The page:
‘Times’ Asks If NYC Is Fat City No LongerThe Times article on portly foodists is out today, and we can’t help but wonder if this is some kind of seismic shift in the city’s gastronomic mood. After several years of what Alan Greenspan might have called “irrational exuberance” over the joys of pork belly, short ribs, bacon, and other such unwholesome treats, the city’s “fat pack,” as Kim Severson dubs them, seems to have put the brakes on the spree, opting instead to focus on their health.
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New York ‘Times’ to Wonder How Bloggers Stay AliveWhen we received a voice mail last week from Kim Severson of the New York Times, saying that she wanted to interview us, our natural response was one of delight. Was the topic to be hamburgers or our upcoming book on same? Or perhaps the larger topic of meat? Or perhaps the ongoing efforts of Grub Street? It was with giddy fingers that we dialed Severson’s number only to find out that the lady was writing an article on how fat and unhealthy food bloggers are, and to ask us, in so many words, why we were still alive. Apparently, bloggers aren’t the trenchermen they once were: Off the Broiler’s Jason Perlow recently had some serious health problems, and even Steven “the Fat Guy” Shaw of eGullet has gotten on the austerity program. But, as we told Severson, the day we start eating salad she’s welcome to our place at the table. Grub Street may cost us the vitality of our once-springy carcass, but by God the work will go on!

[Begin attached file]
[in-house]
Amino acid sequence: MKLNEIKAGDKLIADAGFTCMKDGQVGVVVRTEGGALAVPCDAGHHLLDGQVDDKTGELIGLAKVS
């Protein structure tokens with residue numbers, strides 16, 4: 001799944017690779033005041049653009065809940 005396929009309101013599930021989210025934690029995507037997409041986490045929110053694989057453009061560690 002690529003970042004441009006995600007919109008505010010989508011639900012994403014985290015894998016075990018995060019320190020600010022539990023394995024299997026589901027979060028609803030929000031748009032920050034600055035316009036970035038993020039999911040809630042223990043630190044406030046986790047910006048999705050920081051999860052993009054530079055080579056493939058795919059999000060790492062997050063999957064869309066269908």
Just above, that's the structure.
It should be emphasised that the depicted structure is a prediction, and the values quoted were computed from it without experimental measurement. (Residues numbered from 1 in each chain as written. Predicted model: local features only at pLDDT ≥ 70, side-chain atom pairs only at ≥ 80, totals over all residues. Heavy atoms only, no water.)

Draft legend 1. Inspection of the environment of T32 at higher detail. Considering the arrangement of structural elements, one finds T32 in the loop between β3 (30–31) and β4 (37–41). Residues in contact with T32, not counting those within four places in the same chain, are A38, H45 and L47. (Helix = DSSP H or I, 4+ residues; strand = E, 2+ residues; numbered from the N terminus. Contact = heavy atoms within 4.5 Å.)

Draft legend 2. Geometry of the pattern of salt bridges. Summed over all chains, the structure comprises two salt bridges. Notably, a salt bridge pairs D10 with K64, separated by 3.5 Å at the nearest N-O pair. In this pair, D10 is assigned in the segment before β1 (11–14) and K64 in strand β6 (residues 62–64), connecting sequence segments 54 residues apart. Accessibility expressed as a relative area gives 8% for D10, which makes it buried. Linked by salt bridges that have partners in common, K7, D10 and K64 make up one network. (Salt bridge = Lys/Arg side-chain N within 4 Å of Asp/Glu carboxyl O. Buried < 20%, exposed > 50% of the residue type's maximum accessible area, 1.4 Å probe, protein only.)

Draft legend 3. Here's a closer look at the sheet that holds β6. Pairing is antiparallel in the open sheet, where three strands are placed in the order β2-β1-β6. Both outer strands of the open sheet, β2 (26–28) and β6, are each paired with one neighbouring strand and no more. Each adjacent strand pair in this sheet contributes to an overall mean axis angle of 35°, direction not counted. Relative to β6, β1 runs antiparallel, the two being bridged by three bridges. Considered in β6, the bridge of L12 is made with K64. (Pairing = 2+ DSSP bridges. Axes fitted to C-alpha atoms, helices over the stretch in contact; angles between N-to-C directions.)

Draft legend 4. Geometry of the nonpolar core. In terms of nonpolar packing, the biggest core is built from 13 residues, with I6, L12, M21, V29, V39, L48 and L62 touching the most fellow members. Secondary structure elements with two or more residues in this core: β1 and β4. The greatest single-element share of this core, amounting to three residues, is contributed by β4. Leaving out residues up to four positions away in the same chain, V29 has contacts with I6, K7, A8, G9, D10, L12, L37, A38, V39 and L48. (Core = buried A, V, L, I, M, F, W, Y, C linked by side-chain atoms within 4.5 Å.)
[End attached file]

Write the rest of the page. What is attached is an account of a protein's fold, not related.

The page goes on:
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eGullet Just Can’t Convince Us to Eat in New JerseyToday’s eGullet kerfuffle on the riches of New Jersey cuisine is exactly the kind of thing that makes us love New York all the more. eGullet co-founder Steven Shaw started a thread in which he berates New Yorkers for their neglect of the Jerz’s fine food: The argument goes that with the Japanese market in Edgewater (hm), Newark’s inherent awesomeness (um), and the fact that 60 percent of New Yorkers have a car (wha?), we’ve got no excuse not to visit our neighbors. His conclusion, therefore, is that New York foodies are “lazy” and “lack a fundamental element of cultural literacy about food in the New York metro area.” We’re not going to say anyone’s got a chip on his shoulder, but … wow.
The responses poured in — but true to our reputation for self-obsession, the only part of Shaw’s post that made any impression on New Yorkers was his rather dubious assertion that a majority of us own cars. As one commenter put it: